5 Things You Need to Know about the Zika Virus
1. The Zika virus is linked to a serious birth defect.
The Zika virus is linked to microcephaly, a serious birth defect which impacts the skull and brain development of a fetus. There are additional health problems associated with microcephaly, some of which include seizures, developmental delay, hearing loss, feeding issues, vision issues, and trouble with balance. Pregnant women, or women who are trying for a pregnancy, are encouraged to review the CDC’s current travel guide on visiting countries with widespread Zika outbreaks.
2. The Zika virus does not typically pose a serious health threat.
Outside of the health risks to the fetus during pregnancy, the Zika virus is not typically a life-threatening condition. The CDC describes the Zika virus as a “mild” condition, with symptoms lasting from a few days to a week. Most people do not need to visit a hospital, and symptoms are limited to fever, joint pain, rash, headache, or conjunctivitis (infected, red eyes). Patients are advised to visit Pacific Family Practice if symptoms are present after visiting an area with a Zika virus outbreak.
3. There is currently no vaccine to prevent or treat the Zika virus.
Scientists are working to develop an effective Zika virus vaccine. Current treatment includes staying hydrated, getting plenty of sleep and rest, taking over-the-counter pain medication for fever and headaches, and visiting your provider if symptoms worsen or continue after one week. Patients are advised not to take aspirin.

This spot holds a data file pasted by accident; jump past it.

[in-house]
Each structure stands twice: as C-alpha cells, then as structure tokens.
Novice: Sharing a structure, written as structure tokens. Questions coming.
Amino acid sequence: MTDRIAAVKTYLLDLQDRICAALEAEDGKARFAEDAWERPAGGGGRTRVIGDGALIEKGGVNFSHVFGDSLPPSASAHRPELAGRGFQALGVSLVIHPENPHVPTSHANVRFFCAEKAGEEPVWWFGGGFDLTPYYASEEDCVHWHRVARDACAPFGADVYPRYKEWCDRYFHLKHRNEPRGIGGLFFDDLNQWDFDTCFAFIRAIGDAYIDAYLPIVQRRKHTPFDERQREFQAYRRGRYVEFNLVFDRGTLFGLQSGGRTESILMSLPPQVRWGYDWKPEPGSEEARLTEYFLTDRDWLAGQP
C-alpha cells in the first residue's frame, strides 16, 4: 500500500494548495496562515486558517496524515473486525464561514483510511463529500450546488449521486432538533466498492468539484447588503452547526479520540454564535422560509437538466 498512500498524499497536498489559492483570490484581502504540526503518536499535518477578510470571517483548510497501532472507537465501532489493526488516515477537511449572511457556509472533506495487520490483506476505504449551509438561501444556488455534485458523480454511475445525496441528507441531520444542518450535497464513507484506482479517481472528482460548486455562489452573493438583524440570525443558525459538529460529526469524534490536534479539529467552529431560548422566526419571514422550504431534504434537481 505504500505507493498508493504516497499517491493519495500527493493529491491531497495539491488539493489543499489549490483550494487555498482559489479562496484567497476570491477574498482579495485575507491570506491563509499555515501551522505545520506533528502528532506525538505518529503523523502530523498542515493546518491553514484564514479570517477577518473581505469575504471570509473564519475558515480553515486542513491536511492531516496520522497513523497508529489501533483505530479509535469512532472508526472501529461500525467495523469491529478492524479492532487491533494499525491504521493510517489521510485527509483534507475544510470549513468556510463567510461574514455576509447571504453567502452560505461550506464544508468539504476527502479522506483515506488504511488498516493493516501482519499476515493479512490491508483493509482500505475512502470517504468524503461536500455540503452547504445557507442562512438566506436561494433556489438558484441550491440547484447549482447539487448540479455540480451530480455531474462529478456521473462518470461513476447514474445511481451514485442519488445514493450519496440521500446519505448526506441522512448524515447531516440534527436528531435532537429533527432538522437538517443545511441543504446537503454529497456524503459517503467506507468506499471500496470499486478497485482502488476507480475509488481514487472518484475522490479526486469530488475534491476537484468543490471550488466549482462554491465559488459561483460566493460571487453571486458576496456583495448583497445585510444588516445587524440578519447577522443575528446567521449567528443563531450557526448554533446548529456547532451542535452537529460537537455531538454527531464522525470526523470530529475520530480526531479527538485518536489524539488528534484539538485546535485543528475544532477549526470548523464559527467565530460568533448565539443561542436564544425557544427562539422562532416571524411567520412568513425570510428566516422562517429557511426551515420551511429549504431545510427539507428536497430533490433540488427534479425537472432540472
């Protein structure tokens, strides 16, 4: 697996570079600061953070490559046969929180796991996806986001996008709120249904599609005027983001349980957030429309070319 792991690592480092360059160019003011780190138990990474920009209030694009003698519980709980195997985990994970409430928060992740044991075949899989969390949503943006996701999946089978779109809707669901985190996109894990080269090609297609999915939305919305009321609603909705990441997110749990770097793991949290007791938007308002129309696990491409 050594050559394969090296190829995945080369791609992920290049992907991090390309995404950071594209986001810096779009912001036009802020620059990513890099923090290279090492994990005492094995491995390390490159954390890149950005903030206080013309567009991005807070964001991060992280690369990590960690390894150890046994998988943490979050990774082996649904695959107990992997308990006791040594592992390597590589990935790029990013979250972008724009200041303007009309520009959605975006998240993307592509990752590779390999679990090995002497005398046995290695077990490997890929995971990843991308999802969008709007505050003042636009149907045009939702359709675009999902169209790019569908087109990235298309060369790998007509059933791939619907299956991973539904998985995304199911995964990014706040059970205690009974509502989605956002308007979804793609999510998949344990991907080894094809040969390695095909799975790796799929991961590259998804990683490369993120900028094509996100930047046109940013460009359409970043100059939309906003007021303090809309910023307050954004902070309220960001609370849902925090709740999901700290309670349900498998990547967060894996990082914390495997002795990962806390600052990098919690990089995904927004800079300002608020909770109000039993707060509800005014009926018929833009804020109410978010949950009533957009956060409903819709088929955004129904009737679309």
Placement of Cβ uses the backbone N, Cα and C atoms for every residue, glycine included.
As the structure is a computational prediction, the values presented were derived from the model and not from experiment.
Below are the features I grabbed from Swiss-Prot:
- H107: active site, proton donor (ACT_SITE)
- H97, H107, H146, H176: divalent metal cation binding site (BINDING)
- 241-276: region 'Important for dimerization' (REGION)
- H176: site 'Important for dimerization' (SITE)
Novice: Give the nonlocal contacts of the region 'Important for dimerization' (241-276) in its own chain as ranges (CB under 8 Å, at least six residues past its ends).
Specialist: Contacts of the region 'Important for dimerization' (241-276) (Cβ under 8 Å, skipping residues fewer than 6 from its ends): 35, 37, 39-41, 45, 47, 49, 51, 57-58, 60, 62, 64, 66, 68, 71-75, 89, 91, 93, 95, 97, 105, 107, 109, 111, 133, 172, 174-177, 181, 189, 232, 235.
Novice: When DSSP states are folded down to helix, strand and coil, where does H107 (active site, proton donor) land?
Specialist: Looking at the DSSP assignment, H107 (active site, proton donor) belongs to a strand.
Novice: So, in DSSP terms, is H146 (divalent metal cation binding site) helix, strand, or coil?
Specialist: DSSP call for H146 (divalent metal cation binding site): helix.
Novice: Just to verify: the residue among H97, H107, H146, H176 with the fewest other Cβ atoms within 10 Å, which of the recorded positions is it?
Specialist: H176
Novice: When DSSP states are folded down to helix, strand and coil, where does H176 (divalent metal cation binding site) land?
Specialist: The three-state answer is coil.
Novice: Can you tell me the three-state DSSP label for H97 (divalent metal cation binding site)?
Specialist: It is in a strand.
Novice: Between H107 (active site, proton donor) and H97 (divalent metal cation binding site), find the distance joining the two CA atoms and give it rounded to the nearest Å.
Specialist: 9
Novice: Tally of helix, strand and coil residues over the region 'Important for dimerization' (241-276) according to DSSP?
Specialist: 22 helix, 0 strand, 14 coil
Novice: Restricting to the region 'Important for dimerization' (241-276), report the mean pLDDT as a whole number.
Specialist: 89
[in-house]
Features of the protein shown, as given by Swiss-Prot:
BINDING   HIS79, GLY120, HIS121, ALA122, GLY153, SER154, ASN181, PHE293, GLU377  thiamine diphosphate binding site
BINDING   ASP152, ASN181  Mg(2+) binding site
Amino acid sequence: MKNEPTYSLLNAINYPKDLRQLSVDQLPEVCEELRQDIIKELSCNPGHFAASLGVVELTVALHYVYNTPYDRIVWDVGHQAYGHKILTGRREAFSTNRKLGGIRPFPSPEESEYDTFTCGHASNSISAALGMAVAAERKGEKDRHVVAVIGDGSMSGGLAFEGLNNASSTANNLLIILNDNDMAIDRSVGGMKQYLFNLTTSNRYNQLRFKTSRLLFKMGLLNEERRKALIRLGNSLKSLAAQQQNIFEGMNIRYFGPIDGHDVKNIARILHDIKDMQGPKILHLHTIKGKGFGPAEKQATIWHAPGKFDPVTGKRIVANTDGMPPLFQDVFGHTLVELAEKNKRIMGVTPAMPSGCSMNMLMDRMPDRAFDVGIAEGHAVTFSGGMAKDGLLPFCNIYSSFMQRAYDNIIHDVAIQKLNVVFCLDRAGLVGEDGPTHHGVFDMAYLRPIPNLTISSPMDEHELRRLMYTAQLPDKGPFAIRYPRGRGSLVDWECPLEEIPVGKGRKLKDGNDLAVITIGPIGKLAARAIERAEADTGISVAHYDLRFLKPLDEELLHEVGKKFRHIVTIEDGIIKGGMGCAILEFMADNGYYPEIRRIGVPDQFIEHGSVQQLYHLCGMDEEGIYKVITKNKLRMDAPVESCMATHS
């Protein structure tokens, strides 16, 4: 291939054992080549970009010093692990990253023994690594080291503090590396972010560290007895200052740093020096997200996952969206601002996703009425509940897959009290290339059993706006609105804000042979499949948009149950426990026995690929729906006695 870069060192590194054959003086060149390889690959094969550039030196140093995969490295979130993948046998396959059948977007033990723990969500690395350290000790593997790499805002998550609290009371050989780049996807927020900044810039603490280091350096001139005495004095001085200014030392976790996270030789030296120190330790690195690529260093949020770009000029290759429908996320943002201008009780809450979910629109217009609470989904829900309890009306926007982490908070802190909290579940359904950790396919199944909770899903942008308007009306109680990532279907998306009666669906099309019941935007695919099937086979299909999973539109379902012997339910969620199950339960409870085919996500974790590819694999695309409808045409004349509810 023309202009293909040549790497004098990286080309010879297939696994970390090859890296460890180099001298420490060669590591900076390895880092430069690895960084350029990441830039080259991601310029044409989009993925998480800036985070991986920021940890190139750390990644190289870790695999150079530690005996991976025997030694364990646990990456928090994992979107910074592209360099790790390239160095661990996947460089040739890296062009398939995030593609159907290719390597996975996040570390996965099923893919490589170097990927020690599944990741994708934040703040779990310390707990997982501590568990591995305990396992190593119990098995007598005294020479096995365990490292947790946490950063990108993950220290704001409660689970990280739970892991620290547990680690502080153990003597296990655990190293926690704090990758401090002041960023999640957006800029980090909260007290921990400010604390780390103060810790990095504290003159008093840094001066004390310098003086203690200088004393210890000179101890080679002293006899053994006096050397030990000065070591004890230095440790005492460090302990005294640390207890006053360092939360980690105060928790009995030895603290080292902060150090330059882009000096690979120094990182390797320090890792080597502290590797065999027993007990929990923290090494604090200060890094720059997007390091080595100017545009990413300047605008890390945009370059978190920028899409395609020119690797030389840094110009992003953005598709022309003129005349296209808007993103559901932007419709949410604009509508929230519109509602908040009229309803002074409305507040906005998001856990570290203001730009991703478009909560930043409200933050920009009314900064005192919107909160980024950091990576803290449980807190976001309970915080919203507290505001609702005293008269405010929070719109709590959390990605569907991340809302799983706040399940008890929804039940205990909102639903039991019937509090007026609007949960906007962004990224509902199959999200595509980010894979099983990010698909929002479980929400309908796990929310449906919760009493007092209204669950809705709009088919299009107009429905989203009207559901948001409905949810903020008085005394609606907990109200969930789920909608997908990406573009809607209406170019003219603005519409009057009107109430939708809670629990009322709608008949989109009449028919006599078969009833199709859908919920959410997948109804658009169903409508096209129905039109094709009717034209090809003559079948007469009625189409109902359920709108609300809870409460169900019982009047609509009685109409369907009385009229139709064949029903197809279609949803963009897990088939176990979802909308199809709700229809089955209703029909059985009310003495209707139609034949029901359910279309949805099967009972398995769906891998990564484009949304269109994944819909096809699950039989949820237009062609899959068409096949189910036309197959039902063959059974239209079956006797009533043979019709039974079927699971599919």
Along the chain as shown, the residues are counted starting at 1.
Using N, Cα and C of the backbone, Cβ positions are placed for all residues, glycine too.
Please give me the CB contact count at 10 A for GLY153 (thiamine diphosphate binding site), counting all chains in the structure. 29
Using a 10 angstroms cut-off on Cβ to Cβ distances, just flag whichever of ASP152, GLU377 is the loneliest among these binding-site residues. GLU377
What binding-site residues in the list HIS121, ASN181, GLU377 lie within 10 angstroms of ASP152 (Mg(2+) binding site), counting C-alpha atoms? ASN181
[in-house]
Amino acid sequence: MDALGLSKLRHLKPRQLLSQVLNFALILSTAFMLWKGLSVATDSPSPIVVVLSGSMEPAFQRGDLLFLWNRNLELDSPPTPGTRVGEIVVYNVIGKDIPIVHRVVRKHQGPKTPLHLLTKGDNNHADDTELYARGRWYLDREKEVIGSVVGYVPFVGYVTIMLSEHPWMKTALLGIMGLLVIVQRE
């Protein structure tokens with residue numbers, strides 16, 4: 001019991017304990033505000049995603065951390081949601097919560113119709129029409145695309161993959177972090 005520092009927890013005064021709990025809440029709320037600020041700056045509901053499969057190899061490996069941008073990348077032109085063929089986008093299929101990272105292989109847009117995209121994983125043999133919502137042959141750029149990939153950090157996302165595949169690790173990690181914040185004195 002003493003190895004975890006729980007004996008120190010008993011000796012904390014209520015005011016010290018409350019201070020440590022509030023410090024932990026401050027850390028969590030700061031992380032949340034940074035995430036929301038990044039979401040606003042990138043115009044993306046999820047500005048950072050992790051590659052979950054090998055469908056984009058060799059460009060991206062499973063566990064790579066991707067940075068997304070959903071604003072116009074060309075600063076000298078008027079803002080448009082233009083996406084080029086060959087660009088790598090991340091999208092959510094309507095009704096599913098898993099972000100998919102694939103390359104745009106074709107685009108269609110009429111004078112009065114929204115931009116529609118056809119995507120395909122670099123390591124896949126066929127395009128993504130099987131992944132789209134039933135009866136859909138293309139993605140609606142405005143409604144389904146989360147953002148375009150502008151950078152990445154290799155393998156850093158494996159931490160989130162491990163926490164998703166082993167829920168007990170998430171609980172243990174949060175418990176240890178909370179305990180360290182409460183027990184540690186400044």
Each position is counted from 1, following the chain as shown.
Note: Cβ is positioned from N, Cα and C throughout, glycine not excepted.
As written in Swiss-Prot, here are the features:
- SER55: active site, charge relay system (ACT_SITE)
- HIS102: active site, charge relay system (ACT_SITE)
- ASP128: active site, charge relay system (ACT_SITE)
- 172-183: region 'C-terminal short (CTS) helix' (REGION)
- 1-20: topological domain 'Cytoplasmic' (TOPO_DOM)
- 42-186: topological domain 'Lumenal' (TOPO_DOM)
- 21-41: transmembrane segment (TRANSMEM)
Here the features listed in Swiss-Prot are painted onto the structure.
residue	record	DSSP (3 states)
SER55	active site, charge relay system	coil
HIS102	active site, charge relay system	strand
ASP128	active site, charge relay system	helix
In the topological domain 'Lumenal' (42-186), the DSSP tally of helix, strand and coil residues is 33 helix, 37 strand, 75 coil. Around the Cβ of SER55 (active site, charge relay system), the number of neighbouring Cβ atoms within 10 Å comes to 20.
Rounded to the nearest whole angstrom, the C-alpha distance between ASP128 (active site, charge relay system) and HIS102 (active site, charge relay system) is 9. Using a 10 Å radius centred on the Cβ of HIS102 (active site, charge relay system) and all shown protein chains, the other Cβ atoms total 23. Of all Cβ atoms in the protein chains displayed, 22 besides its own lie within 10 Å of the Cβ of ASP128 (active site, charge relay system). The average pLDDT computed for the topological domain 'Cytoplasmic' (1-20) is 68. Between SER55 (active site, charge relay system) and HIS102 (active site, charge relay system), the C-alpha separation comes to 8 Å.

4. The Zika virus is mainly spread through mosquitoes.
A bite from an infected mosquito is the main way the Zika virus is transmitted. It is also transmitted from mother to baby during pregnancy, though doctors are still unsure how this happens. In rare cases, the virus can be transmitted sexually. The first case of sexual transmission of the Zika virus in the United States was documented recently in Dallas, Texas.
5. We’re learning more about the Zika virus each day.
As the Zika virus spreads, doctors are learning more about the virus, its transmission, and its treatment. Advice about areas to avoid and steps to take in order to prevent contracting the virus can change from week to week, which is why the providers of Pacific Family Practice advise staying up-to-date with the CDC’s guide on the Zika virus.